The recent surge in earthquakes and the explanation for the formation of the world's largest exposed fault have provided momentum to seismological research. Shreeshan Venkatesh looks at the latest findings
A 6.8 magnitude earthquake
left a crack on the road in
Tarlay, Myanmar, on
March 24, 2011 (Photo: Reuters)
Update: on February 6, earthquakes hit Uttarakhand in India, Colombia and Turkey.
The last two months of 2016 proved to be a busy period for seismologists. In November, scientists found out that the abyss under the Pacific Ocean between Indonesia and Papua New Guinea was left behind by a massive earthquake during the last Ice Age and is actually the world’s largest exposed fault. The Banda Detachment Fault is seven kilometres deep, 450 km long and if the bare ocean floor were seen from above, the fault would cover an area of 60,000 sq km. Scientists say that sometime between 10,000 to 30,000 years ago, as the Australian and Pacific tectonic plates grinded against each other, a piece of continental crust the size of Belgium was ripped apart, leaving a huge tear or fault in the surface.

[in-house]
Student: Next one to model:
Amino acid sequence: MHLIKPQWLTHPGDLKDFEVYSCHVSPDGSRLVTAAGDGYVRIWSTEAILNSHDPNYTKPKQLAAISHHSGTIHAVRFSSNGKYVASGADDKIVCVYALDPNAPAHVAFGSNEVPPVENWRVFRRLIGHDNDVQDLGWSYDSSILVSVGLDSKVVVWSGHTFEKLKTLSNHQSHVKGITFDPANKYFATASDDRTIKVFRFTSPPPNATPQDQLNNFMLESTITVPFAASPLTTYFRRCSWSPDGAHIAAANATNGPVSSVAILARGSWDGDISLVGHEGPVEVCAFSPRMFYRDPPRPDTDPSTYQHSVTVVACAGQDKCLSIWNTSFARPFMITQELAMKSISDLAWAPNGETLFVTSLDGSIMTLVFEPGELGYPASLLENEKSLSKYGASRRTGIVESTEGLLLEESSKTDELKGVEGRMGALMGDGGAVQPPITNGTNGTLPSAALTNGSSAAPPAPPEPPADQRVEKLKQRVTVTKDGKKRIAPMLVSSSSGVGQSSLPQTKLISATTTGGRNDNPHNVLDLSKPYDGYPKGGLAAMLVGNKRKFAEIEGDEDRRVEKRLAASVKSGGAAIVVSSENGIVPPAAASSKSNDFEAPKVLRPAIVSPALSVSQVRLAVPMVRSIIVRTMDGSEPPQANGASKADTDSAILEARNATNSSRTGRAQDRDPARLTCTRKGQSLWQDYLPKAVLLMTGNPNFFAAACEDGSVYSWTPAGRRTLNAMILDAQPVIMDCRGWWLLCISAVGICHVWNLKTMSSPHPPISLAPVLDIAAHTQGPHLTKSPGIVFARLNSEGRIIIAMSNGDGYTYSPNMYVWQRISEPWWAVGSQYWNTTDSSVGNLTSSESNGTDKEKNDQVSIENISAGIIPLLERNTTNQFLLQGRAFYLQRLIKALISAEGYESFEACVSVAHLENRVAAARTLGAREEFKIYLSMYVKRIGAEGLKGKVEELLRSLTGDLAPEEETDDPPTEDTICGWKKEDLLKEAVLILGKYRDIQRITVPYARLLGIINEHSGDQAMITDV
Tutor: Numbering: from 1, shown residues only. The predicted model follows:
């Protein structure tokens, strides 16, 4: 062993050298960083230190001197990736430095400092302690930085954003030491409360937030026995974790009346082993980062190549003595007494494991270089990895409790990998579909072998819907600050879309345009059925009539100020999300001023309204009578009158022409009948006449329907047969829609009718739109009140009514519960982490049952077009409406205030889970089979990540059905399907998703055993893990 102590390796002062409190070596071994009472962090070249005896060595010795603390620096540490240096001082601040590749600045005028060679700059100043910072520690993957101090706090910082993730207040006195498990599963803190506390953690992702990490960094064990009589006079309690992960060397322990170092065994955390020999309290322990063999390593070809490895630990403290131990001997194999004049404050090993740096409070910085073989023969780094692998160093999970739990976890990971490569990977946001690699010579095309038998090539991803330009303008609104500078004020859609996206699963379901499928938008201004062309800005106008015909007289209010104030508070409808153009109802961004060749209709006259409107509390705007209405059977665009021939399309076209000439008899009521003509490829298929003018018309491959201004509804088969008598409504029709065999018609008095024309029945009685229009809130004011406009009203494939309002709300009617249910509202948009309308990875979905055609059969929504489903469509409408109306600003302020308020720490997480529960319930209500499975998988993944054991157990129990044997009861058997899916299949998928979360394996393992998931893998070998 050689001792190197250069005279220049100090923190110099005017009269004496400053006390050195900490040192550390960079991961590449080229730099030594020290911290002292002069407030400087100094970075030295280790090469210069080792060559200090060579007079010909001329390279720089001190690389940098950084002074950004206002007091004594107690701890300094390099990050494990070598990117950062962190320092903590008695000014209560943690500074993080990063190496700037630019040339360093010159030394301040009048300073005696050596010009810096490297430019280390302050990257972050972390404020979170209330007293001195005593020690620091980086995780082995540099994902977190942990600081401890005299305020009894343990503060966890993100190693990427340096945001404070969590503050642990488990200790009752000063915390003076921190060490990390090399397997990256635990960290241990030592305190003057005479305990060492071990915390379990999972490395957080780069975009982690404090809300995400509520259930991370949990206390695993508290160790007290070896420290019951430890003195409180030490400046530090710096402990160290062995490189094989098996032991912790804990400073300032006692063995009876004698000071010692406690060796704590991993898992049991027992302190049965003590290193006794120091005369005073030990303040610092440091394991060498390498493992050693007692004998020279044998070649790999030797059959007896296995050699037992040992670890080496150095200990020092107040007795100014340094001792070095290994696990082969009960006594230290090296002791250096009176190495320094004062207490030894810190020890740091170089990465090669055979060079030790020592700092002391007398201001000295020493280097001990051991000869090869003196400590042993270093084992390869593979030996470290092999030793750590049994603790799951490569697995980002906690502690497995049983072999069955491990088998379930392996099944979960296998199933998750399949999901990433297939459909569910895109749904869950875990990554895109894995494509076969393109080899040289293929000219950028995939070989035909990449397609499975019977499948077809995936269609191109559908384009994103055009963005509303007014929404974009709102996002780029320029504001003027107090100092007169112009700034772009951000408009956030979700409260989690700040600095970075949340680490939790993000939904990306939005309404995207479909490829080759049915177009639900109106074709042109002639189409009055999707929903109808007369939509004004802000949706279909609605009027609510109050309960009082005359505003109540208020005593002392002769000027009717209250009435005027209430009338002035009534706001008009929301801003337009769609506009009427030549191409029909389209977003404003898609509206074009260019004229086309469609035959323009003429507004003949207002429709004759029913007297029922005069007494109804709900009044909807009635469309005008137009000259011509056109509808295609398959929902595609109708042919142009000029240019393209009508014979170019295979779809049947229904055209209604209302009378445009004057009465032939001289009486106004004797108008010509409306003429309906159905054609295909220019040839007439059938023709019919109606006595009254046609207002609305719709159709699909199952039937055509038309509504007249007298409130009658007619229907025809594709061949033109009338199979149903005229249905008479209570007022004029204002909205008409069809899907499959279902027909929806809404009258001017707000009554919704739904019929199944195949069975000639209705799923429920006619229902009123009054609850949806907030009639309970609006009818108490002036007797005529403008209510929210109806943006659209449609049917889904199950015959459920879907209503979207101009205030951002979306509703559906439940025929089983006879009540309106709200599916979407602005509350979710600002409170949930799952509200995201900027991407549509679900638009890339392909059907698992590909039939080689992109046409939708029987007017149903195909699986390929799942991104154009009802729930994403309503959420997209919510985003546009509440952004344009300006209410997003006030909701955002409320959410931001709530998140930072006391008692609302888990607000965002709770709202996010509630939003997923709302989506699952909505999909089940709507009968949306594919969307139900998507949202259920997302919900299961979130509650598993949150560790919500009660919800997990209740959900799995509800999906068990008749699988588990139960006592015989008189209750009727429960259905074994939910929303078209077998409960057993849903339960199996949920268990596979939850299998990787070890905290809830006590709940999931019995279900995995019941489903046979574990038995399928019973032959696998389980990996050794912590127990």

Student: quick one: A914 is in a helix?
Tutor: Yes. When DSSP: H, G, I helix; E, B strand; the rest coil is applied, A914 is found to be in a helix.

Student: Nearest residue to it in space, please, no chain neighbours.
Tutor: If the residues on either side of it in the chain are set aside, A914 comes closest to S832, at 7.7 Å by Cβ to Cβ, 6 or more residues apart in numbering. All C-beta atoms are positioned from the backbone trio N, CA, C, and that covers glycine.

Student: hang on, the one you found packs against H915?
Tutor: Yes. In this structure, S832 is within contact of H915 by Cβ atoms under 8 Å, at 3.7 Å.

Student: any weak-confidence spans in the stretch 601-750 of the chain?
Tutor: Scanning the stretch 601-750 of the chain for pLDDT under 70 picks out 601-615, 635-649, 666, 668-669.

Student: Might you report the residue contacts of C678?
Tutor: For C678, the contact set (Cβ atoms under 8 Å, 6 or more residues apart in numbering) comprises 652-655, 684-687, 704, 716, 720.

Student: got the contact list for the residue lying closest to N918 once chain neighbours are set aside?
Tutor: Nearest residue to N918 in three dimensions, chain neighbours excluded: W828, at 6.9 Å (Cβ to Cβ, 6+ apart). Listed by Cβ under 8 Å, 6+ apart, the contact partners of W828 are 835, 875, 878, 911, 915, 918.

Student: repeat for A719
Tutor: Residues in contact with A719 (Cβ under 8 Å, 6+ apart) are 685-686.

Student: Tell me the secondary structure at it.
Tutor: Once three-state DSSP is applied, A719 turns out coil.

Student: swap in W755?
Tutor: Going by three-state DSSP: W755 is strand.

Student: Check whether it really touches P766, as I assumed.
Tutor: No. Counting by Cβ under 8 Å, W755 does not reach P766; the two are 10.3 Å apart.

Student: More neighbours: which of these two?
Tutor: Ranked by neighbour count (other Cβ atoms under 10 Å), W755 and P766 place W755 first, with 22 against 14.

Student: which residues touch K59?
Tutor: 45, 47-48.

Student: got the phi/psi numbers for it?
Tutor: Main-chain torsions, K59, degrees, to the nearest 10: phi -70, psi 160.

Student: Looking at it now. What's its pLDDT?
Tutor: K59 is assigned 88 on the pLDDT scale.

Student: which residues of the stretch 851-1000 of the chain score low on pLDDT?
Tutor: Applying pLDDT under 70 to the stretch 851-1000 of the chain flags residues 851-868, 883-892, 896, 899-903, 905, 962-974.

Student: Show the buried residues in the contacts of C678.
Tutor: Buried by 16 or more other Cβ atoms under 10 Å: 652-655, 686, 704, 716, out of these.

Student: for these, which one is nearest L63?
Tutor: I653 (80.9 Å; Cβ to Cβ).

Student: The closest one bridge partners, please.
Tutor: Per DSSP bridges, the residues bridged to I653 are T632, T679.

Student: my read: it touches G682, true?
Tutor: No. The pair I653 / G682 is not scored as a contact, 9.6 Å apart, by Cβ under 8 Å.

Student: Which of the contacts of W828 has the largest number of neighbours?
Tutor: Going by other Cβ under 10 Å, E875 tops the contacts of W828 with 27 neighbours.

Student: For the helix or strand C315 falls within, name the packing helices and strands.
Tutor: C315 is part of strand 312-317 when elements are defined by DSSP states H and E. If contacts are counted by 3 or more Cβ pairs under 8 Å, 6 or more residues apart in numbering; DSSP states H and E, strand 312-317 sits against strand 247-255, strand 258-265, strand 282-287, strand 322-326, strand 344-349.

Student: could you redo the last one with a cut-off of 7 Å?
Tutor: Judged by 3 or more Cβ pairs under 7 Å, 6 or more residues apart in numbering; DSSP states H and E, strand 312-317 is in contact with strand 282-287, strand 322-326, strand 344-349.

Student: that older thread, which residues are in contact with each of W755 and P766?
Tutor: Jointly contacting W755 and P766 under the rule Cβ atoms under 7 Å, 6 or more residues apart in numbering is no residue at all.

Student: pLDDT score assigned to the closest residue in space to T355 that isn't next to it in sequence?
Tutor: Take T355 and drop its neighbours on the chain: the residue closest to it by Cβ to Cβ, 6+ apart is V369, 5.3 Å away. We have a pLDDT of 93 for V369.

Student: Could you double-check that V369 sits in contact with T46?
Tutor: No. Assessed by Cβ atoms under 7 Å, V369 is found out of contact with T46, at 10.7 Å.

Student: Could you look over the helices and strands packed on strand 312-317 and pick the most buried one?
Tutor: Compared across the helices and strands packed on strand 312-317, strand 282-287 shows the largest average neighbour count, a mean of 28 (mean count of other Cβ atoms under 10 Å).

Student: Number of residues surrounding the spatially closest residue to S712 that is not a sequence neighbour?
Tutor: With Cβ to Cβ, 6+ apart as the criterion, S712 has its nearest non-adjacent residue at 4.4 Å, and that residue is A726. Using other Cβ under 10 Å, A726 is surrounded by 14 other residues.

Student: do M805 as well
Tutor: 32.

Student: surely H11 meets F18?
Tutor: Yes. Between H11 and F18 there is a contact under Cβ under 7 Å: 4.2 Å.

We have known of the existence of the Banda abyss for many years now. But it was not until late last year that scientists were finally able to conclude what formed the Banda abyss, indicating how little we know of the ground beneath our feet.
Since mid-October, a surge in seismic activity, with around 15 temblors measuring more than 6.5 on the Richter scale, has also aroused interest. At least 400 earthquakes of magnitude 5 and above were recorded in December alone, marking an increase of three and a half times the monthly average (see ‘In continuous motion’,). The bulk of all quakes occurred along the plate boundaries, especially along the Pacific Ring of Fire. While the surge is within the normal range, it provides seismologists with more seismic observations to chew over and confirms that the Earth’s crust is active and moving.